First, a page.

Boyle is set to be included in a new international tourism attraction titled ” The Pilgrim Way” with a workshop on the plan taking place tonight.
The consultative workshop on the feasibility of the iconic Pilgrim Way for this area will be held in the Bush Hotel in Carrick on Shannon on Wednesday February 6th from 6.30pm to 9pm.
The aim is to develop an iconic international ‘Pilgrim Way’ based on the rich early Christian and Viking heritage of the Early Medieval period in Ireland.
Along with Boyle Abbey, other well known ecclesiastical sites including Scattery Island, Iniscealtra (Holy Island, Clare), Clonmacnoise (Offaly), Quaker Island (Lough Ree), Devenish Island (Lough Erne) and the iconic pilgrimage site at Lough Derg (St Patrick’s) in Donegal, will feature on the attraction.
Many more, lesser known sites are included in the overall analysis for a total of more than 100 sites in total.
The inception of the project commenced in late 2018, when West Limerick Resources, in association with 13 local development companies (LDCs) and thirteen local authorities along the entire Shannon –Erne navigation, commissioned SLR Consulting and Alan Hill Tourism Development to investigate the feasibility of developing an internationally attractive, iconic Pilgrim Way along the Shannon Erne waterway.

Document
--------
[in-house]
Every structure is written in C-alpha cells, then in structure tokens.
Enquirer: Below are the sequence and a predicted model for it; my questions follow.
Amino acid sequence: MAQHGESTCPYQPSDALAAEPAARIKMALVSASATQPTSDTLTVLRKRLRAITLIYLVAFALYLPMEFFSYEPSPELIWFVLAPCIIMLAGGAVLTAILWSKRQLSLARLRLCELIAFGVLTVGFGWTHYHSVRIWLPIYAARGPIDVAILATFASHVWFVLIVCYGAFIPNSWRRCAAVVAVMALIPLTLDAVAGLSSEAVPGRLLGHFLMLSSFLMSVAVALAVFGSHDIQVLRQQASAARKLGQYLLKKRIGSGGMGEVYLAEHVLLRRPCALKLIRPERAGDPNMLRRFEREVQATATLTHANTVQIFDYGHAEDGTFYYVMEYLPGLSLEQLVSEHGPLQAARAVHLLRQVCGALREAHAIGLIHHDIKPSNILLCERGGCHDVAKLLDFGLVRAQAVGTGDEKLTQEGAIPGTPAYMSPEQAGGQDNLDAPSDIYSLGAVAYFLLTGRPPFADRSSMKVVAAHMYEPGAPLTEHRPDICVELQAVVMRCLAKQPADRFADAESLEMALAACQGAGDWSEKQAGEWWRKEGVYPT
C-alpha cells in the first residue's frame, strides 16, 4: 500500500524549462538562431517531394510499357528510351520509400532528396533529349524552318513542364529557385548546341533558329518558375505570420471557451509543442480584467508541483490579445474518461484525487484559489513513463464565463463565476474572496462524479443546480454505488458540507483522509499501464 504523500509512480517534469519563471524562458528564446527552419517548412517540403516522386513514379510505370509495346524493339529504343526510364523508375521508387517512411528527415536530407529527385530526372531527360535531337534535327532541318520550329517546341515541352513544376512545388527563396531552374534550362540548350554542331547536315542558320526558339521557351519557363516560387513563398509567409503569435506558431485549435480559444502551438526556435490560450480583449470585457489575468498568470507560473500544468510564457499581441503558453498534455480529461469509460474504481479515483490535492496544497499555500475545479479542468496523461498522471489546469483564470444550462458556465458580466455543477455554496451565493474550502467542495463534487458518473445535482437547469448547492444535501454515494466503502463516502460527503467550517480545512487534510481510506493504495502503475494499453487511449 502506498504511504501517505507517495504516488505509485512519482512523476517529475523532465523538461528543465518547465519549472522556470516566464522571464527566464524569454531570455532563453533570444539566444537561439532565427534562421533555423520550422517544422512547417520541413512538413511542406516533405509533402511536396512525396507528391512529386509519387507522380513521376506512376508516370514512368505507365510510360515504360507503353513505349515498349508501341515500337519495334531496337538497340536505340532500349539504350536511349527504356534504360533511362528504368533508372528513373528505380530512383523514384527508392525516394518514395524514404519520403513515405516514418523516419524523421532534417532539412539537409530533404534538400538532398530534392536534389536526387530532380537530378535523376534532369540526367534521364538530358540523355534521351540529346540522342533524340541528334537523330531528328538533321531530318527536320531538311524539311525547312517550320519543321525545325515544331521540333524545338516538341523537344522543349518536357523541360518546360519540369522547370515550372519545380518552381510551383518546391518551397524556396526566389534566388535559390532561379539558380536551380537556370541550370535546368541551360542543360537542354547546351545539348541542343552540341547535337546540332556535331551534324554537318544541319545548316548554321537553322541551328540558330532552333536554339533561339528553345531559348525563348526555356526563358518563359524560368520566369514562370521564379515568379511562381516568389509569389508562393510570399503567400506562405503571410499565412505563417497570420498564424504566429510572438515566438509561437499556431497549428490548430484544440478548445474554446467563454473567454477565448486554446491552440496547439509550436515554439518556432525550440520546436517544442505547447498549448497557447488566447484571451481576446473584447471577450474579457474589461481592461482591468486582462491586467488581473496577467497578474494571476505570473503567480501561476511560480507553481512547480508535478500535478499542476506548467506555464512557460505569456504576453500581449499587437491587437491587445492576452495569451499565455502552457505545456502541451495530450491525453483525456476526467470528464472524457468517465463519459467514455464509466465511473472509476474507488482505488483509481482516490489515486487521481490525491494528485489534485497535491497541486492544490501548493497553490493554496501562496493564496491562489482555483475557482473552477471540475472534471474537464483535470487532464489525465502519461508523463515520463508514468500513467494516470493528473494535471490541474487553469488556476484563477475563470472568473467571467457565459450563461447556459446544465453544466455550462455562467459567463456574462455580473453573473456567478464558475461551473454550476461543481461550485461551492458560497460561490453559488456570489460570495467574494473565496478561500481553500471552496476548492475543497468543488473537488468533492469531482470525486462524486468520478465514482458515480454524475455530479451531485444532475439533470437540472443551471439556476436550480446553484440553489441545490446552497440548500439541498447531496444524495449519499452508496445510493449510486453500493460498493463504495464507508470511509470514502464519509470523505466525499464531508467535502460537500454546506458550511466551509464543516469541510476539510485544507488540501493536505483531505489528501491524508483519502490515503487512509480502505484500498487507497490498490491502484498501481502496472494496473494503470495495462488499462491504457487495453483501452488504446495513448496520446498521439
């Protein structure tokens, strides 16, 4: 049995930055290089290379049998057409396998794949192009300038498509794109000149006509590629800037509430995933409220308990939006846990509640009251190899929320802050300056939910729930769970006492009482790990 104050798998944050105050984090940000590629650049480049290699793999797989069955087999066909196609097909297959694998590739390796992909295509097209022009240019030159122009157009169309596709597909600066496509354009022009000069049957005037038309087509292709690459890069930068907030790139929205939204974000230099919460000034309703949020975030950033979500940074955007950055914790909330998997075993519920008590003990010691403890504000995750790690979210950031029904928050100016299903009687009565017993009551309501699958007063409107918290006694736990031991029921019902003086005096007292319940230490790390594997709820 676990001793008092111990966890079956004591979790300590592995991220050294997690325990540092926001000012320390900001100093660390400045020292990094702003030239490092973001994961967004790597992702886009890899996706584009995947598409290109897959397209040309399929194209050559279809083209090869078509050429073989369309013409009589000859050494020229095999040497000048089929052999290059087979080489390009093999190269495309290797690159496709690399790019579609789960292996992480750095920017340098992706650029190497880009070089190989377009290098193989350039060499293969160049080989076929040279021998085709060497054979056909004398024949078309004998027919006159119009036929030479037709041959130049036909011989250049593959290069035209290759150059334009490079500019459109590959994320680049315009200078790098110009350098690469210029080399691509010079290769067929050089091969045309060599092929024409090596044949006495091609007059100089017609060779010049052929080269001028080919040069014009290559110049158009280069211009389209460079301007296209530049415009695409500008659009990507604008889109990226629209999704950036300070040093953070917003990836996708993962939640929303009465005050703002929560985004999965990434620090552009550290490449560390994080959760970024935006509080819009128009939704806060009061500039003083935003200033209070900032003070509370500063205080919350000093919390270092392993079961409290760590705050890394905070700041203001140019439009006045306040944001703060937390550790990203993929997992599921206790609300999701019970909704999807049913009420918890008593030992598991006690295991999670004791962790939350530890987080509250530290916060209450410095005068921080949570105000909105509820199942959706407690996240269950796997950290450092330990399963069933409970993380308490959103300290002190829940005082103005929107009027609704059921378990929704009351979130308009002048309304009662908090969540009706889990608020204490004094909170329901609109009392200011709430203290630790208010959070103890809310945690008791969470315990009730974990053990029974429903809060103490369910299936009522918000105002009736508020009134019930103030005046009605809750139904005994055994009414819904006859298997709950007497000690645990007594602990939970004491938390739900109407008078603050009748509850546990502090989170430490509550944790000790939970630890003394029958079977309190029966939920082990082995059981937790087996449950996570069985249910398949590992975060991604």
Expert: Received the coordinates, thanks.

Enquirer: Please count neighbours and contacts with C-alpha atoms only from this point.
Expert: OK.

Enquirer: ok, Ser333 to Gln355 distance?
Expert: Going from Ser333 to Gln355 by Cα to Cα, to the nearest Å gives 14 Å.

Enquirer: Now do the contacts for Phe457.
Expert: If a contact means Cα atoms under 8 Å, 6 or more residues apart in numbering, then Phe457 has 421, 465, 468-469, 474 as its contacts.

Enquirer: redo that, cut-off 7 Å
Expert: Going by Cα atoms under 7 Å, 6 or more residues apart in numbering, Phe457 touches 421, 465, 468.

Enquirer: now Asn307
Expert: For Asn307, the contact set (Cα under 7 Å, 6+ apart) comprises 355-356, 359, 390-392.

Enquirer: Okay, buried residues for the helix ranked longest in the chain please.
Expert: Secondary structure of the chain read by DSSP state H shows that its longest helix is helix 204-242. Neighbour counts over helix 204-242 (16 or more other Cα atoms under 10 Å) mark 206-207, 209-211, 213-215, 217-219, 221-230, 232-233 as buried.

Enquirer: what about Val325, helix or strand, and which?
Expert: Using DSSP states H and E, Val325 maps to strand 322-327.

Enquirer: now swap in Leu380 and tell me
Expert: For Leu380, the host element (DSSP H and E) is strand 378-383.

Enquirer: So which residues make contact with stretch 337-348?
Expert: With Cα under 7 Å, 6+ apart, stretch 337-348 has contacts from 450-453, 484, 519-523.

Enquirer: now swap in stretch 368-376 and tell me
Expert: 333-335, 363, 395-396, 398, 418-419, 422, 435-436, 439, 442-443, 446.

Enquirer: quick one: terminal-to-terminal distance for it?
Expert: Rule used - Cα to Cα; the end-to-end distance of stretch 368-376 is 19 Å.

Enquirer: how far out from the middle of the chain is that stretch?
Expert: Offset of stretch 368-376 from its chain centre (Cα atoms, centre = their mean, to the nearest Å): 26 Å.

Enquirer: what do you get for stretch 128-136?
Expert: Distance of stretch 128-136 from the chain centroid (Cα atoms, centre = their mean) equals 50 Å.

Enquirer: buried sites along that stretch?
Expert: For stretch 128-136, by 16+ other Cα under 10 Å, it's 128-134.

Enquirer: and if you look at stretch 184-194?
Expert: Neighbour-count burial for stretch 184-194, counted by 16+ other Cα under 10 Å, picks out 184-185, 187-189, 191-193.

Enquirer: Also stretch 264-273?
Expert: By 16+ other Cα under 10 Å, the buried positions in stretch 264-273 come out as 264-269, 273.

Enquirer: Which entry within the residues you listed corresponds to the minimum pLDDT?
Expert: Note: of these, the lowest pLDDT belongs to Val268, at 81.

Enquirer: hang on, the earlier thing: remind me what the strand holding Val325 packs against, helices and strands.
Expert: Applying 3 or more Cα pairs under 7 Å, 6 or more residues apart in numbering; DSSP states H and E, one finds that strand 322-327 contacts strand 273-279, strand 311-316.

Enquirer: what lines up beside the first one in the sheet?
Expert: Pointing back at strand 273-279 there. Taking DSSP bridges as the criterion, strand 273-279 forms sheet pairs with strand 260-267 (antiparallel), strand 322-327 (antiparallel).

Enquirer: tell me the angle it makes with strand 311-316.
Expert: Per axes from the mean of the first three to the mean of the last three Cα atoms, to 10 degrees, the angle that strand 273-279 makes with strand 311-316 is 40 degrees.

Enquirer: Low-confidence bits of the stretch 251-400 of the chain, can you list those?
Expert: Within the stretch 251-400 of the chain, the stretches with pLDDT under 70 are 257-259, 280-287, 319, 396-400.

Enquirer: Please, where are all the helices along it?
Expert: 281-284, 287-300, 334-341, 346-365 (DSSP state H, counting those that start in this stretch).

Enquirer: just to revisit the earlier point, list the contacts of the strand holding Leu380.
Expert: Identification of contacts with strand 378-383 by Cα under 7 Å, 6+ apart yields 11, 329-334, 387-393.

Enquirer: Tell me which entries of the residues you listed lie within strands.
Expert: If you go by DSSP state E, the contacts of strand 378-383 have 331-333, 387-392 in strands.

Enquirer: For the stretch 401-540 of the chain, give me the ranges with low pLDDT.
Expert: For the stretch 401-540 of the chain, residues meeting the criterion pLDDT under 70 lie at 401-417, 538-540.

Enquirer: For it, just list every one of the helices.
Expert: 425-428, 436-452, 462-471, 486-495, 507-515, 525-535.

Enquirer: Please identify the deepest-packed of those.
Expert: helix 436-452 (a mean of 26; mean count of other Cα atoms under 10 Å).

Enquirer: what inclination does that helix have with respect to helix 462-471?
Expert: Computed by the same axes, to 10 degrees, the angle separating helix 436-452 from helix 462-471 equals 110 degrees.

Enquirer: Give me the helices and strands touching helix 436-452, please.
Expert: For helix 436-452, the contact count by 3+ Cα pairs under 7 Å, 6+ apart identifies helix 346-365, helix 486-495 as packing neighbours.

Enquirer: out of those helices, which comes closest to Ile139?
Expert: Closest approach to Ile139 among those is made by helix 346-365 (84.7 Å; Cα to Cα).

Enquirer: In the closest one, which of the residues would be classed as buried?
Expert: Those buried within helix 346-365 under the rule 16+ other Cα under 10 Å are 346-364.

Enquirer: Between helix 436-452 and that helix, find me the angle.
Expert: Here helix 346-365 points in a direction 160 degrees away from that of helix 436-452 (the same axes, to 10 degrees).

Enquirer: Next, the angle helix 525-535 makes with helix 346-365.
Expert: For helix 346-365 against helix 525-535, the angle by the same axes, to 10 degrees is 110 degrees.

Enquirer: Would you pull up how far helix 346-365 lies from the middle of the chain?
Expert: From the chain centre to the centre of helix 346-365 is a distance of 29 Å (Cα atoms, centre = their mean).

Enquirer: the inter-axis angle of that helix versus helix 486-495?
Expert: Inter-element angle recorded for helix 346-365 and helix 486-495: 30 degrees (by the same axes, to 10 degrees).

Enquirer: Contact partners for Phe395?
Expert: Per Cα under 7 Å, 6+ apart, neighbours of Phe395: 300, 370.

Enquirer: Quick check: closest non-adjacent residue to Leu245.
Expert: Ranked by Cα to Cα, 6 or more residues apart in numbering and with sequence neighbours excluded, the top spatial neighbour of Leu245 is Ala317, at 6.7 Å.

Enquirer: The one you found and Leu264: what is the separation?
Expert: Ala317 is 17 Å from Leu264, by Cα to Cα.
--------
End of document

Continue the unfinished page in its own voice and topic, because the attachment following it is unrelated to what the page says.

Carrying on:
The area under consideration embraces a 20km wide corridor from Kerry-Clare-Limerick on the Shannon Estuary northwards through the Shannon lakes to the Shannon-Erne Waterway through to the Erne system in Fermanagh-Donegal.
Tonight’s workshop will aim to engage with local authorities, statutory heritage managers/ tourism & heritage operators/ community heritage activists/ transport and activity providers, heritage guides and NGO sectors.
Indeed anyone who can contribute to developing ideas on how an internationally significant Pilgrim Way might optimally function and operate along the entire Shannon-Erne system is invited to attend.
The promoters would like your input on the key heritage and conservation issues, as many sites are active sites of worship and sacred to their communities. They will also examine potential sustainable ‘ways’ to link these special sites (walk, cycle, boat, bus transport), as well as visitor management (accommodation, food, guidance, transport, parking etc).
Further details are available from [email protected]